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Bank does not owe a contractual duty to its customers relating to its conduct during IRHP reviews

The Court of Appeal has refused permission to appeal the High Court's decision in the case of Elite Property Holdings Ltd and another v Barclays Bank PLC [2018] EWCA Civ 1688.

The decision re-confirms previous decisions that there is no contractual duty of care arising between a bank and its customer in relation to the bank's review of the sale of Interest Rate Hedging Products (IRHPs).

However, this is the first time the Court of Appeal has considered this issue. Therefore, despite permission being refused, the judgment has been cited. 

Background

Two associated companies entered structured collars with the bank. Following allegations of misselling the lending was restructured; the structured collars were terminated and replaced with swaps. A settlement agreement was entered to record that any issues in relation to the structured collars were fully resolved.

The bank agreed with the FCA's predecessor, the FSA, to carry out a review of its sale of IRHPs. A term of this review was to provide appropriate redress to customers. Following the bank's review an offer of redress (excluding consequential loss) was accepted by the companies. Subsequently, the companies' claim for consequential loss was rejected.

The companies issued claims for:

  1. misselling, for breach of duty of care in tort, misrepresentation and negligent misstatement in relation to the sale of the structured collars;
  2. breach of duty of care when conducting the IRHP review; and
  3. conspiracy and unlawful interference regarding the appointment of a receiver.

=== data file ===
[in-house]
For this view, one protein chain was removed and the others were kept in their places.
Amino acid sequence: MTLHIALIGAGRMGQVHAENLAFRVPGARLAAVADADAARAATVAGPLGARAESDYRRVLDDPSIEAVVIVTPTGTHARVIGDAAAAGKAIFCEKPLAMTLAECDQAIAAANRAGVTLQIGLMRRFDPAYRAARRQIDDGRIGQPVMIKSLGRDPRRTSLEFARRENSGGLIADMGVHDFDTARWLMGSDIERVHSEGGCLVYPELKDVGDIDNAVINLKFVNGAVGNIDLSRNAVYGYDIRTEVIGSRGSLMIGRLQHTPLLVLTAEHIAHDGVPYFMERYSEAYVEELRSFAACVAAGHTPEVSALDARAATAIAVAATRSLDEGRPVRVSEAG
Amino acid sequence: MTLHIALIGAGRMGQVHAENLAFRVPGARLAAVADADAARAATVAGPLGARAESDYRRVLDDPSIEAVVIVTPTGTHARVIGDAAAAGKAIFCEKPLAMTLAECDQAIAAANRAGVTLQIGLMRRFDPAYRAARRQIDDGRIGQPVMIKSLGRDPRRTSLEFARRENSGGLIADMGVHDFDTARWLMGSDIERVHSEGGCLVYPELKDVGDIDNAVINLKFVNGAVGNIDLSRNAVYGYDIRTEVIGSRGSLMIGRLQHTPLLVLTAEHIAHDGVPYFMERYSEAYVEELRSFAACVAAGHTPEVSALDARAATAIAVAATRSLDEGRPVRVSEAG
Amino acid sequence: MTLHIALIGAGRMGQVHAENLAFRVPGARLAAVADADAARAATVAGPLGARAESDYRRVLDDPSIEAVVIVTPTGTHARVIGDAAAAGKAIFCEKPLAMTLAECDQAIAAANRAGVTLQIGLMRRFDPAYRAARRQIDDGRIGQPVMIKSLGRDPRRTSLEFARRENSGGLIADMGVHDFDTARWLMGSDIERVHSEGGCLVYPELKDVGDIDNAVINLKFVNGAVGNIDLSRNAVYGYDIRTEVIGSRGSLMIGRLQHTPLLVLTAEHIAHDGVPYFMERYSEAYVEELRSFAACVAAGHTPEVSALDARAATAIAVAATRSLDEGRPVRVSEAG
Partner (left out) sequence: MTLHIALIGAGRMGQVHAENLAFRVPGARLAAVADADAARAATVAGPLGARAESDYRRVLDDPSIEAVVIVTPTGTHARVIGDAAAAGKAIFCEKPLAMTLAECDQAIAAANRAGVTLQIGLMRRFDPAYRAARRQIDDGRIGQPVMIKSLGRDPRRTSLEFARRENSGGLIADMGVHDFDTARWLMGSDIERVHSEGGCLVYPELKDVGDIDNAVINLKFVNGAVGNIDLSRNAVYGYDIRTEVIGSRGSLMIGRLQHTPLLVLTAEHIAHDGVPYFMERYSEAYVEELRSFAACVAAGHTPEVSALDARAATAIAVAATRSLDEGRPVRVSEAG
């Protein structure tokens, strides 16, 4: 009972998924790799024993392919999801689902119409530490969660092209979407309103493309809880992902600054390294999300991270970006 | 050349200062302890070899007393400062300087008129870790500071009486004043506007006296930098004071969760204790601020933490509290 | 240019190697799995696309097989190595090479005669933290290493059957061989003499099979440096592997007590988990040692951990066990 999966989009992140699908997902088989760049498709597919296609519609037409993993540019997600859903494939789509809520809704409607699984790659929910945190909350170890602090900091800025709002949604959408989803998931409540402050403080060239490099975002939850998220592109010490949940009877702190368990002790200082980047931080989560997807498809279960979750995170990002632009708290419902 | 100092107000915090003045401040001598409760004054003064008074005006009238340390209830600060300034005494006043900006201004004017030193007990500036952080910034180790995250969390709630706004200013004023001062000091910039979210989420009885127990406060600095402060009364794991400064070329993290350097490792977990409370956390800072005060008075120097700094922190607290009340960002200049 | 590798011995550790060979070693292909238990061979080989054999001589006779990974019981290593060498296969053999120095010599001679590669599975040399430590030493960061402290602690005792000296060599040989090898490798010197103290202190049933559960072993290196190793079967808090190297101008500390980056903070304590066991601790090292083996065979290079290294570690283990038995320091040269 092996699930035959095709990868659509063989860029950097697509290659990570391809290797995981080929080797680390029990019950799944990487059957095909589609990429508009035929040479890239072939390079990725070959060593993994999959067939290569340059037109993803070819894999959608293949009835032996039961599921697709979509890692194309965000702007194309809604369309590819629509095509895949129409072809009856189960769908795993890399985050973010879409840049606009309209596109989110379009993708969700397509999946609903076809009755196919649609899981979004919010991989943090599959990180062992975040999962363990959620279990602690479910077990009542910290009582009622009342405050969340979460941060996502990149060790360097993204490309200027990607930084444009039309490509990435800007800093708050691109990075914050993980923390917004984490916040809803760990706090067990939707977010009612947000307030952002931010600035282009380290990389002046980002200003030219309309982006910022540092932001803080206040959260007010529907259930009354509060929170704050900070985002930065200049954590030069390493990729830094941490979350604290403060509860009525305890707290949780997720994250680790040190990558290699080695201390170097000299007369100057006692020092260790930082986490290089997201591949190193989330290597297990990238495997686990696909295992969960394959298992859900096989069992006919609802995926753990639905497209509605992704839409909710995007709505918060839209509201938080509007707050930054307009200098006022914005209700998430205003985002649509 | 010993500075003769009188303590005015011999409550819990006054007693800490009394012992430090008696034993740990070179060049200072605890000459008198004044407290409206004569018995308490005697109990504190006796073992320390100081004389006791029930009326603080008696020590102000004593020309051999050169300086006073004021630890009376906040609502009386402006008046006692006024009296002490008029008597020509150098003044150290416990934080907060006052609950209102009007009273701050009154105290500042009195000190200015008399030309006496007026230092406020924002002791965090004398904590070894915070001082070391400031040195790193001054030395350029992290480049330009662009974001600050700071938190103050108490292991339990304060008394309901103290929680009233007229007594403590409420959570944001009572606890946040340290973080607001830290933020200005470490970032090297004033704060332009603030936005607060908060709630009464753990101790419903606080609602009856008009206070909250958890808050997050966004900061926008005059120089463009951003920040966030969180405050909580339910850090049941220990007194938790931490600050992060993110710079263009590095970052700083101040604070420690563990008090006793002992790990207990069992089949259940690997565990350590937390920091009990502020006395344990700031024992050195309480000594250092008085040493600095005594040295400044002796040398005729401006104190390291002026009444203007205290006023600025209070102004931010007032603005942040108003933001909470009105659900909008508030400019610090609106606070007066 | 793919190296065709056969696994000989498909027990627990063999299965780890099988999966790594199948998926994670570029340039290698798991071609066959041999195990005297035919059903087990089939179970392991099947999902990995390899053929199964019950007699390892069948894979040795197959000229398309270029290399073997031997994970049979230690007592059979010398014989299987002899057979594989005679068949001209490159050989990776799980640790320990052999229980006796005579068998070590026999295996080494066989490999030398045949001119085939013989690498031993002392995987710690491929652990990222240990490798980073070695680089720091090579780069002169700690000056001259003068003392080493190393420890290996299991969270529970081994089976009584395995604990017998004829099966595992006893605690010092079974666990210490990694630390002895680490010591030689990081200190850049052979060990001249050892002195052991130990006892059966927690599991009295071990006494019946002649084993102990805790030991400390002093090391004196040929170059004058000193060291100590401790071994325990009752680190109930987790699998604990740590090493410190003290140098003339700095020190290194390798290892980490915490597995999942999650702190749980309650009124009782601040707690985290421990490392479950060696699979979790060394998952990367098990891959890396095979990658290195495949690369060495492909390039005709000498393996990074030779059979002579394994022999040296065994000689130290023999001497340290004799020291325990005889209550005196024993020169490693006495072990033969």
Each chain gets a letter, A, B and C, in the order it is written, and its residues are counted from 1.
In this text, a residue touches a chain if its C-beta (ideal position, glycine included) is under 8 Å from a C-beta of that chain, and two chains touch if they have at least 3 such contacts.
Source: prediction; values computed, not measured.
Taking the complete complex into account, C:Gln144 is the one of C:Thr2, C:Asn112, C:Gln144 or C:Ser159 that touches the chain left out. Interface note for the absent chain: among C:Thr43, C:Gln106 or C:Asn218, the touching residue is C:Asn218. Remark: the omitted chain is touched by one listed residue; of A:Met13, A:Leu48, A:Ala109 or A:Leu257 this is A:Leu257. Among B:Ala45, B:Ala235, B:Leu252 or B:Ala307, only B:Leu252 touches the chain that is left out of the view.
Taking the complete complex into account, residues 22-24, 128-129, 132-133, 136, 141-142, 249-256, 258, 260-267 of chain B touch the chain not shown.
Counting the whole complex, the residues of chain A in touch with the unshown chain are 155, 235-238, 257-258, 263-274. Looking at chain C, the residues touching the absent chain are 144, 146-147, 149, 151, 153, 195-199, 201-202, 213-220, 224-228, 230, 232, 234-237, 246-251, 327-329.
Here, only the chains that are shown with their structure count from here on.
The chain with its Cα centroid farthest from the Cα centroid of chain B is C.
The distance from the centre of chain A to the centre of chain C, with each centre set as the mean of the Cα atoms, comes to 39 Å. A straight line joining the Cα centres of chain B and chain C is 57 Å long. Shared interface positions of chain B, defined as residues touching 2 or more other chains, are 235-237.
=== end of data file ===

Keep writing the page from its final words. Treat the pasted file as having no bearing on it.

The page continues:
The companies accepted that their claim for misselling of the structured collars was barred under the settlement agreement and applied for permission to amend their particulars of claim. This amendment was on the basis that:

  • the swaps that replaced the structured collar were mis-sold and had led to the consequential loss sought during the IRHP review; and
  • the bank's offer of redress gave rise to a contractual relationship, which it was alleged the bank had breached by:
  1. its conduct in the IRHP review;
  2. its failure to offer compensatory loss; and
  3. its failure to provide fair and reasonable redress which would have been payable had it complied with its review obligations.

Permission to amend the particulars of claim was refused and the claim was struck out. The companies applied for permission to appeal.

Decision

Permission to appeal was refused on the following grounds:

  1. causative link – the companies had failed to demonstrate any link between a breach of duty in misselling the swaps and in the consequential loss. Their pleaded loss only related to the misselling of the structured collars (which were barred due to the settlement agreement); and
  2. contractual obligation – there was no contract between the companies and the bank at the time the redress was offered. The bank conducted its review pursuant to the agreement with the FCA, which expressly exclude the rights of third parties. The acceptance of the redress offer, did not place an additional obligation on the bank for its conduct in the review.

Following the finding in CGL Group Ltd v Royal Bank of Scotland [2017] EWCA Civ 1073 (CGL) the Court recognised that the bank did not owe customers a duty of care in tort in relation to its conduct of the IRHP review. The companies therefore did not prove this ground.

Comment

This judgment builds on the recent decision in CGL, which held that the bank's contract in relation to the IRHP review was with the FCA and it was not 'fair, just or reasonable' to impose a duty of care on banks in relation to their conduct of the reviews.

This case is the first time the Court of Appeal has considered whether a bank owes a contractual duty to its customers in relation to the IRHP reviews and confirms the decisions of previous cases; that the reviews are undertaken by banks in accordance with their regulatory obligations, with no intention that the banks are contracting with customers, or that a duty of care arises to the customers.

Contributor: Emma Davey

This publication is intended for general guidance and represents our understanding of the relevant law and practice as at August 2018. Specific advice should be sought for specific cases. For more information see our terms & conditions.



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